Happily, my bag was delivered to my home after 3 days, though the out-of-pocket expenses I incurred as a result continue to irk me.
I was very excited to be flying Saudia Airlines’ business class product for the first time. As someone who’s studied the Middle East for more than a decade, even having a stopover in Saudi Arabia was something I eagerly anticipated.
But altogether, I wasn’t thrilled with the experience. Beginning with the need to shove my way forward in line in Dubai, continuing with a less-than-impressive 16-hour flight, and ending with a 3-day delay of my luggage, I won’t be flying Saudia again. Was it a good deal? Yeah, using just 80,000 SkyMiles for my flight presented a great value, but there are plenty of other options for flying throughout the Middle East.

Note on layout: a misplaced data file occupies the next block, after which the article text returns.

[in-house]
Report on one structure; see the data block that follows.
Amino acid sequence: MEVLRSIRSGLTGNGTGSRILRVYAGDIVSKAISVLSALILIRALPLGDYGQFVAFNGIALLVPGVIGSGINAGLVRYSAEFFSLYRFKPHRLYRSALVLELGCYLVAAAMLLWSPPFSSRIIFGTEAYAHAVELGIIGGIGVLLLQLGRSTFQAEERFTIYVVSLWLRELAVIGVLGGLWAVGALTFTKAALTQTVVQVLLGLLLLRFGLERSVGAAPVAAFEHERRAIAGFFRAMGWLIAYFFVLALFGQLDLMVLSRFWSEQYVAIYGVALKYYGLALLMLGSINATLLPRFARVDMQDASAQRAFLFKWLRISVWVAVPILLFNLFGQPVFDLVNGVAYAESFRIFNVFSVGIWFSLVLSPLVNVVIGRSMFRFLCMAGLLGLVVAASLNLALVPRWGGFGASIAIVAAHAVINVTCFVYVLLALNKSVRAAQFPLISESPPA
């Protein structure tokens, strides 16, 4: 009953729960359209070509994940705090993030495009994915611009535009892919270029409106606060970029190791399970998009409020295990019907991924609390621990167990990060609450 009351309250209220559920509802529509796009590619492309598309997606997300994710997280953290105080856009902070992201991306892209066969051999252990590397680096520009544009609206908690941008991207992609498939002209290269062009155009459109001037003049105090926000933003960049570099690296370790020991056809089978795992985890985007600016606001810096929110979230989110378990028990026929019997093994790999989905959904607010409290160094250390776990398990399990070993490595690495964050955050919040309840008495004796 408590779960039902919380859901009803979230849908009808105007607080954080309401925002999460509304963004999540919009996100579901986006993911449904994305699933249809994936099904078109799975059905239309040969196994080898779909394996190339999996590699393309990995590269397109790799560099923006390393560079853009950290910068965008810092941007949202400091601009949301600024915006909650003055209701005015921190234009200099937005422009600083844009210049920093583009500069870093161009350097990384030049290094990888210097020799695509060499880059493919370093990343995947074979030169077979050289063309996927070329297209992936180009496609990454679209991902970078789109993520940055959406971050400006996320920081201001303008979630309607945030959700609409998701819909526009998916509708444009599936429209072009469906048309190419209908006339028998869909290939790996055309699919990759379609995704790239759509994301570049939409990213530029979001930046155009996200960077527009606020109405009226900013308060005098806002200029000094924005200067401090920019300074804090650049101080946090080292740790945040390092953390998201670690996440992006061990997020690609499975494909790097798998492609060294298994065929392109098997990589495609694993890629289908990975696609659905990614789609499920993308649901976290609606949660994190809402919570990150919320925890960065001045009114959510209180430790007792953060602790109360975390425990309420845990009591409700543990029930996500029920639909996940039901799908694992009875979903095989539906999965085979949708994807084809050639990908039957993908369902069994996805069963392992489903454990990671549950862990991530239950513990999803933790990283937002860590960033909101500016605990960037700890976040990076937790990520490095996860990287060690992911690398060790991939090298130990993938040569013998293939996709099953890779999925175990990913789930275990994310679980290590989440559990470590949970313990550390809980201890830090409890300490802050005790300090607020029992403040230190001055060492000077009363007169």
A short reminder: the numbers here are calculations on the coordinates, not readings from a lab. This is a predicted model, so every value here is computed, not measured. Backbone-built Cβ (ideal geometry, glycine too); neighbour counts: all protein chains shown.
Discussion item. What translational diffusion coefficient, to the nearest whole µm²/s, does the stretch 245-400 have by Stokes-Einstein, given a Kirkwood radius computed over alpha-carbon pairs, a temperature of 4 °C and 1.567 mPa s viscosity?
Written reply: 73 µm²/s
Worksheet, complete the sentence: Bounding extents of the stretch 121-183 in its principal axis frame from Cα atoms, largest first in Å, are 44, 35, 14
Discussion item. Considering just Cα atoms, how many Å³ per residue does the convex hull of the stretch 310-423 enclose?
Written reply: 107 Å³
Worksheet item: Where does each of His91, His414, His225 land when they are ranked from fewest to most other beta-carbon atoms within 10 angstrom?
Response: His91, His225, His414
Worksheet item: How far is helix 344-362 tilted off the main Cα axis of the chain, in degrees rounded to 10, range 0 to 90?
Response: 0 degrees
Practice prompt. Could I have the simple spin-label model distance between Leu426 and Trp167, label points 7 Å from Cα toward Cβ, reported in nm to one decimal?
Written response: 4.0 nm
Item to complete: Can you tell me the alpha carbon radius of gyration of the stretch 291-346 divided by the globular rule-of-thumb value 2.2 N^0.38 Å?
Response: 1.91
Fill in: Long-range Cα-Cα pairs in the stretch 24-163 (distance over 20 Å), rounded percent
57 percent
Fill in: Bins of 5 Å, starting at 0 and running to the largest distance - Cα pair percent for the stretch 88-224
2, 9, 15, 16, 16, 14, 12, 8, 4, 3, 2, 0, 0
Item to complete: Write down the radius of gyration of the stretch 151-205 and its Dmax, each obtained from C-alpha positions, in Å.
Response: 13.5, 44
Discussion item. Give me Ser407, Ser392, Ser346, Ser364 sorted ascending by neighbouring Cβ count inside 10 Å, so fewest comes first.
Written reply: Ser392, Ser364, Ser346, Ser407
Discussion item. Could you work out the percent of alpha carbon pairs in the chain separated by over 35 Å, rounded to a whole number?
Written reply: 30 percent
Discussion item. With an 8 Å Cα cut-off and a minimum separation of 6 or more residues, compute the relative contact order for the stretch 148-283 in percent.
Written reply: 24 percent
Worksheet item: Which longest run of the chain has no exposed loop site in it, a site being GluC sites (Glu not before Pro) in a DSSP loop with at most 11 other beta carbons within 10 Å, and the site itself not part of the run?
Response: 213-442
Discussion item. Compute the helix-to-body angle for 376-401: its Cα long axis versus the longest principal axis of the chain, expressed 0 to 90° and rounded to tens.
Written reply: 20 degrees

If you value your time, convenience, and flight experience, do yourself a favor and opt instead for competing airlines such as Emirates, Etihad, or Qatar Airways.
For rates and fees of The Platinum Card® from American Express, click here.
Whether or not you’ll need a COVID-19 test will depend on your arrival country. As I was flying to the U.S., I needed a COVID-19 test that had been taken within the last day.
No. According to Skytrax, Saudia Airlines is rated as a 4-star airline.
Although it has a 4-star rating via Skytrax, my own personal experience with the airline left a lot to be desired.
While there are plenty of fancy business class products out there, Qatar Airways Qsuites takes the cake as the most luxurious you’ll find on your way to the Middle East.